For the first time ever, he performed in full view of the audience during his scenes, against the aforementioned black curtain which had been repositioned in front of the Starbug set in the corner. He wore a black neck brace to keep his head still and conceal his jowls, and I’m delighted to announce that he looks so much better on screen than he did in Skipper, with the make-up and lighting much more consistent with the classic Holly look we’ve been craving. His camera (adoringly identified as “Hollycam” by its operator) was fitted with an autocue, which he relied on for his lines, even coming to a halt during one take because the prompter was in the wrong place. He was also suffering from a cold, as he was not reticent to inform us, which may have affected his performance a little, but then again his character was given some rather unusual things to do.
As for the rest of them, three of the four look extremely consistent with their Series XI/XII style; the identity of the exception will perhaps be apparent to those who have looked very closely at the various social media pictures that have emerged in the last few weeks. The performances however were all spot on, and the atmosphere within the cast extremely relaxed and jovial. The smeg ups were of course numerous, but unlike some episodes of the last few series, they provoked nothing but laughter and mischief from the cast, rather than a vague sense of stress or frustration. My favourite was Robert stumbling over a speech about something being “relatively straightforward”, instead coining the line: “It’s a relatively straight fuck.”
It was interesting to see how Craig in particular has changed since the last block; he’s now spent a few years away from Coronation Street, where the schedule is so tight that the actors have to get everything right first time, and if they don’t they just pause and continue immediately. Consequently, he messed up a little more often than average, but was far more relaxed when he did. Chris was the only one who struggled more than a little at any point, but it was a complicated sequence, and Danny had been deliberately putting him off in the previous scene. Robert did much better than usual at remembering his lines, and in general there were far fewer lengthy pick-ups, and while there were occasions when bits would be performed twice to double up on camera angles, it was a smaller proportion than previous audience shoots. For the final live scene of the night, they managed to do it pretty much all in one go, much to the surprise of literally everyone. The lack of repetition made for a much smoother and enjoyable viewing experience this time around.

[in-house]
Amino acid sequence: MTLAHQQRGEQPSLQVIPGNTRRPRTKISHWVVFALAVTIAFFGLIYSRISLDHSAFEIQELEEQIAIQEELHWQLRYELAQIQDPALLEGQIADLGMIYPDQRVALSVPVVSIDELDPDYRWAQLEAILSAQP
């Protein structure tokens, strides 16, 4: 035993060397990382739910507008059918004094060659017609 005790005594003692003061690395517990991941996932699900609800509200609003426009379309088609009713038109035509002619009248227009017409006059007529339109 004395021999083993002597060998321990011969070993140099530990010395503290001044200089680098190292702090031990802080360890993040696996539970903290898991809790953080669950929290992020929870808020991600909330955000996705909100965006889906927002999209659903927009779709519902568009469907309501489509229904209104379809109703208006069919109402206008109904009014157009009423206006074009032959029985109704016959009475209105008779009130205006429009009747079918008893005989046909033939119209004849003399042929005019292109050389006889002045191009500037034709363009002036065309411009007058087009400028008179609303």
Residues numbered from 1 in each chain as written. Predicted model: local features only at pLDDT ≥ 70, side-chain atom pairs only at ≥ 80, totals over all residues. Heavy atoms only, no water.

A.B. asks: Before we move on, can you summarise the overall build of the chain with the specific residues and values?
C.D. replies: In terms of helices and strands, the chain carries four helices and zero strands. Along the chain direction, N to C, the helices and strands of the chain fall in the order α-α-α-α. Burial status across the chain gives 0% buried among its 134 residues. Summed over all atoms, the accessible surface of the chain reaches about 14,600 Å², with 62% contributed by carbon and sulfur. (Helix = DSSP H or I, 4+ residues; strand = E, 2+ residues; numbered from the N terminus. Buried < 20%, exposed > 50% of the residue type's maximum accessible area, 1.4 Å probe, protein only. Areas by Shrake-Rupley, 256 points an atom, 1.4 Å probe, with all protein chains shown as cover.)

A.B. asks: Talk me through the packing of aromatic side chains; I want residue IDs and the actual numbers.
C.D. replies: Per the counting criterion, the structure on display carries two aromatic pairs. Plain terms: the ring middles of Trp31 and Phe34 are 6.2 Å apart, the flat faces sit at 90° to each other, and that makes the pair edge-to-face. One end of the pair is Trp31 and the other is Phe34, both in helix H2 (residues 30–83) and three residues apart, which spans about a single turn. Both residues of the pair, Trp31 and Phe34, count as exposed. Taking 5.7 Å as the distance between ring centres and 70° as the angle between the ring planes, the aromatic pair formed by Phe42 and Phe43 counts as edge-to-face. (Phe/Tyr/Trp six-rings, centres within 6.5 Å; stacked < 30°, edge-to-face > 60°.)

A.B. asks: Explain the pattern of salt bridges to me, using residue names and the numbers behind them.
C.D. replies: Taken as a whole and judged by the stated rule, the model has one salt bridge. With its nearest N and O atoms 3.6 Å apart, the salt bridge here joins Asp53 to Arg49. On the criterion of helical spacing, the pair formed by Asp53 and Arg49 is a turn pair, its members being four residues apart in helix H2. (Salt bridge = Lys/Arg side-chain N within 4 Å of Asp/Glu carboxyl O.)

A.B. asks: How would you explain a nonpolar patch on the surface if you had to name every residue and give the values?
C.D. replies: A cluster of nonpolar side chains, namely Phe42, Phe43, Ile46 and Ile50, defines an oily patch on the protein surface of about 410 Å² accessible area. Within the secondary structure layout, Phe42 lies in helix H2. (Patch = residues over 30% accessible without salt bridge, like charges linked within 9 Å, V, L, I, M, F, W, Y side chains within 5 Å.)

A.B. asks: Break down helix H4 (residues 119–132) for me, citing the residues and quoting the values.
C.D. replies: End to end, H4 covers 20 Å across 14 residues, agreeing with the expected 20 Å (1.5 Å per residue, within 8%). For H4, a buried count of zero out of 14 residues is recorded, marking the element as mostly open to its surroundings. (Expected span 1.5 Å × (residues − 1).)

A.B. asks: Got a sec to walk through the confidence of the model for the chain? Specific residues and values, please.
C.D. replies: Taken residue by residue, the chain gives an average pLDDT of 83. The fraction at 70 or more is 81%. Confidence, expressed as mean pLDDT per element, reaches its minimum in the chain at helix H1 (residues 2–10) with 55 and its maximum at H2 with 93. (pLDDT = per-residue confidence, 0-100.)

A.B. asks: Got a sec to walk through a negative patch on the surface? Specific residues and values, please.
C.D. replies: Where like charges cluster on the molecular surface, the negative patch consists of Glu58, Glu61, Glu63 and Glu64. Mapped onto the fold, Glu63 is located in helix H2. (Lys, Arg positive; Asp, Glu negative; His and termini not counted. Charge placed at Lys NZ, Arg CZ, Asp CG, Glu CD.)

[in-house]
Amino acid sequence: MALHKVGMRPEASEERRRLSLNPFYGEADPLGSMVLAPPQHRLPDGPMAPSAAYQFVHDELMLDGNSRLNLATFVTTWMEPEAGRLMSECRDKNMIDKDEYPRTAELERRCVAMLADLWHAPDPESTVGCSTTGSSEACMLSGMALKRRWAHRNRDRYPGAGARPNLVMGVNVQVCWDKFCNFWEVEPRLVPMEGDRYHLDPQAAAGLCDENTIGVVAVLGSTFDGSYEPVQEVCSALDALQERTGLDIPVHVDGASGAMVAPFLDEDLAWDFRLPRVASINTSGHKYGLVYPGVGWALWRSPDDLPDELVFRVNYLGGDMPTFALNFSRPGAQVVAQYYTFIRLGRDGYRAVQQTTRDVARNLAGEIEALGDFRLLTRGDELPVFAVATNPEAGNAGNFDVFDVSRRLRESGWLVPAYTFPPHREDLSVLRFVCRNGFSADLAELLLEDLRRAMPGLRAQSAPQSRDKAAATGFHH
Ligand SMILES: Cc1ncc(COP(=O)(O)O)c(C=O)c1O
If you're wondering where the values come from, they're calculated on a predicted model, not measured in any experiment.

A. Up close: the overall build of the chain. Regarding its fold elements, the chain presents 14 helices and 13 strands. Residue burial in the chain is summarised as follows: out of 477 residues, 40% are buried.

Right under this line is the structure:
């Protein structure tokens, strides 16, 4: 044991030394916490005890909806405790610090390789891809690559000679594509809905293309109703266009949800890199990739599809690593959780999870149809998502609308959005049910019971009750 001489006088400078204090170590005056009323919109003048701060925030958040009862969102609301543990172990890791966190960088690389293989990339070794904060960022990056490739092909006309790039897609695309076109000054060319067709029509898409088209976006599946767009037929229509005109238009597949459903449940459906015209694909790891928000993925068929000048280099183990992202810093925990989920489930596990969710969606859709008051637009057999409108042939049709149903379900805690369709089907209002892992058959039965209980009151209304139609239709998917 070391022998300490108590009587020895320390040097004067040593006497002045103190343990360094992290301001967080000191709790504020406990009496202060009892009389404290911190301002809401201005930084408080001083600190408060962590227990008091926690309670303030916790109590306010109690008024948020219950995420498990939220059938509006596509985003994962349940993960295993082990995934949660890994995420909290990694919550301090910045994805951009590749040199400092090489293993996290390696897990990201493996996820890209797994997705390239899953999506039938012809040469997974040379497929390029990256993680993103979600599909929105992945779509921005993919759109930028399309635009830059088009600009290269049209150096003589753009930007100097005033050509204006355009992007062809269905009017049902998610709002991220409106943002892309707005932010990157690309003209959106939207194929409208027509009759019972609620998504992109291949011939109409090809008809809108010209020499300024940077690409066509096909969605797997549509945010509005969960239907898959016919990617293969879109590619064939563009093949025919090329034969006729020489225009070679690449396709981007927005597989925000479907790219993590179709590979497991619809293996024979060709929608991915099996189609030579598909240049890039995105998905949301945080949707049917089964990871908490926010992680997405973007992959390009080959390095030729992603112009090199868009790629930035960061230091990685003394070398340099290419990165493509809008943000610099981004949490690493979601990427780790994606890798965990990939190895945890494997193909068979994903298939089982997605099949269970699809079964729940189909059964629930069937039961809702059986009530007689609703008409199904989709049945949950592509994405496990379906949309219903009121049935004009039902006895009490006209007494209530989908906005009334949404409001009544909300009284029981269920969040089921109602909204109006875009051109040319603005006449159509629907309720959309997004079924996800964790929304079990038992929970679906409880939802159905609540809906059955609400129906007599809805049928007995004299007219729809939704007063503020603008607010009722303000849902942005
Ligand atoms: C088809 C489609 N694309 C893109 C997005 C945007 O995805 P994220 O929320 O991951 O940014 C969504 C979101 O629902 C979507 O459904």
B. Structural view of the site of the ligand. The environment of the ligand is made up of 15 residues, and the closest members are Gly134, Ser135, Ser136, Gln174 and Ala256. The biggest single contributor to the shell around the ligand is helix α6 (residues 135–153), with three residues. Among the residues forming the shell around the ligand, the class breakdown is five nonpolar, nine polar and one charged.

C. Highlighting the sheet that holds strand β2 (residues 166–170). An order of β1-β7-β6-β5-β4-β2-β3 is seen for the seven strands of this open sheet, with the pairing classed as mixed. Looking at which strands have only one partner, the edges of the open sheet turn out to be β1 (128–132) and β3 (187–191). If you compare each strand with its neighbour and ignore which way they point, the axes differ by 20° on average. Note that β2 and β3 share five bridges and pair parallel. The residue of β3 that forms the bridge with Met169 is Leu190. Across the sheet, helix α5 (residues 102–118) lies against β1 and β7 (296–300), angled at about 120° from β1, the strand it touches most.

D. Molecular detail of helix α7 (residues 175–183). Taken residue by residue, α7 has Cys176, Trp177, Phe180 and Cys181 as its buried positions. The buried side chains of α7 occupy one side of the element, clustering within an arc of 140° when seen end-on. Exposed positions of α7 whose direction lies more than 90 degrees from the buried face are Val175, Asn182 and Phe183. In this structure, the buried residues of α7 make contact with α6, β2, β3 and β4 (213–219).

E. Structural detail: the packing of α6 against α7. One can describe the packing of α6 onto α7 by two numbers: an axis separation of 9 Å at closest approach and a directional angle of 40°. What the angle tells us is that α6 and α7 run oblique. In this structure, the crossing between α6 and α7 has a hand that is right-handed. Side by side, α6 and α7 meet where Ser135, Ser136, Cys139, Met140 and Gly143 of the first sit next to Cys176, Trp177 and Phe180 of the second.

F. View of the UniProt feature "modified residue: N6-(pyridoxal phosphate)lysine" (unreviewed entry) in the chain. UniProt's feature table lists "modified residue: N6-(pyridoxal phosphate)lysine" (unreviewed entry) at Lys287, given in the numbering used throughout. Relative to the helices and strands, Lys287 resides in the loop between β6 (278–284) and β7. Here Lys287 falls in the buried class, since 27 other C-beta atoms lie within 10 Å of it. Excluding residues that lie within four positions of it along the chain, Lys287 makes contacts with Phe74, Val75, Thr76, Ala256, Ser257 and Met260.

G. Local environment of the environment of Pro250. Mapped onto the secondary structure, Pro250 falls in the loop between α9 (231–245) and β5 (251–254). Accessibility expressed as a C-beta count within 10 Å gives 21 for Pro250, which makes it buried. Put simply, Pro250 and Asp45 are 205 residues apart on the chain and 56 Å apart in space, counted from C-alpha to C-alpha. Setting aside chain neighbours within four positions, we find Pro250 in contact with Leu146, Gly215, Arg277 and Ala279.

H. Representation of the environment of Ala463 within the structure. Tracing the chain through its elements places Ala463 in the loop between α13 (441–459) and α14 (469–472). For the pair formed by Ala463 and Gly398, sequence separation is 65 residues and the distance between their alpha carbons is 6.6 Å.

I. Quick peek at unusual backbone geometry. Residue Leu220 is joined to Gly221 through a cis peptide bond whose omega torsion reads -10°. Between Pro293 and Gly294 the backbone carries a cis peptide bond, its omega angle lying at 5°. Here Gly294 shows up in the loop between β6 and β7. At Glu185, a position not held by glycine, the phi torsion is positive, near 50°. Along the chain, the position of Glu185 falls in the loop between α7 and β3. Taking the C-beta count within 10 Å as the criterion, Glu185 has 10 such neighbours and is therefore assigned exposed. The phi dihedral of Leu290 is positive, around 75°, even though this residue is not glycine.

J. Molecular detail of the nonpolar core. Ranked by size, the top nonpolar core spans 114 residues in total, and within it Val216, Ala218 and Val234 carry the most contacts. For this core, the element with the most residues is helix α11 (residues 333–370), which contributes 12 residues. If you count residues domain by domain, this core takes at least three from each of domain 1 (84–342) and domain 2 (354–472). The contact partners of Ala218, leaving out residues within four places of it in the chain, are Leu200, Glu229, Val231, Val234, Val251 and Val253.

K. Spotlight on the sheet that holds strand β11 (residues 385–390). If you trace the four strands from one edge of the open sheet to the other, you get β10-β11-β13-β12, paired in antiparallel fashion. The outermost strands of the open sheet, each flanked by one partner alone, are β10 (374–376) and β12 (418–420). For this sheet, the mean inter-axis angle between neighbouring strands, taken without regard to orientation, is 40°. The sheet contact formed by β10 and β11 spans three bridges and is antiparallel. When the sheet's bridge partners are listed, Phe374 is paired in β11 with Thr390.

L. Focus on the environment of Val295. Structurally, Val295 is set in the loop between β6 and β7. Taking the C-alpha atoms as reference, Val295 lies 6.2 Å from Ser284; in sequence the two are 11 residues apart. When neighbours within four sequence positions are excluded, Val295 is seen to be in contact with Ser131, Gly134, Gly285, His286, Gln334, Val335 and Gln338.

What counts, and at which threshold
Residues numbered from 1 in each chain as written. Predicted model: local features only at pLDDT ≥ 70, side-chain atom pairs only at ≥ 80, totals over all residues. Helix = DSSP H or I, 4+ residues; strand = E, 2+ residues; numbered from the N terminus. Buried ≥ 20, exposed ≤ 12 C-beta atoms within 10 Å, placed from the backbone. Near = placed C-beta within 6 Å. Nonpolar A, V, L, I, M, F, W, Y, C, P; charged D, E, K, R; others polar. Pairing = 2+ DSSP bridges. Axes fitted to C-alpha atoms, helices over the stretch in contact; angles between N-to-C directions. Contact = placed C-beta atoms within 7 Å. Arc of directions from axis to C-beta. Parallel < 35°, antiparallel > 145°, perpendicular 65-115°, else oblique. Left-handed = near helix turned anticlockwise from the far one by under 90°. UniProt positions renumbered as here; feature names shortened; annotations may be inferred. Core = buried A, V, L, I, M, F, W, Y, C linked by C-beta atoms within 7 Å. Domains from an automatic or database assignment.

It is however worth noting that we only actually saw three scenes performed live, albeit with the middle of those three being being an extremely long one, tackled in two parts. But the vast majority of the material was pre-recorded and played in on VT, making up probably around two thirds to three quarters of what we saw. Effects sequences were represented by placeholders, comprised of captions, footage from previous episodes, other people’s material ripped from YouTube, and one or two very early renders of the actual CGI. The rest of the VT scenes seemed to be all studio rather than location, but on completely different sets and in most cases involving guest characters, none of whom were present on the night. Easy to see why these needed be shot in advance, and indeed why the first audience date had to be postponed if the pre-records were running behind, but you sensed that the crowd’s attention started to wane towards the end of one mega 15-odd minute VT towards the end of the evening.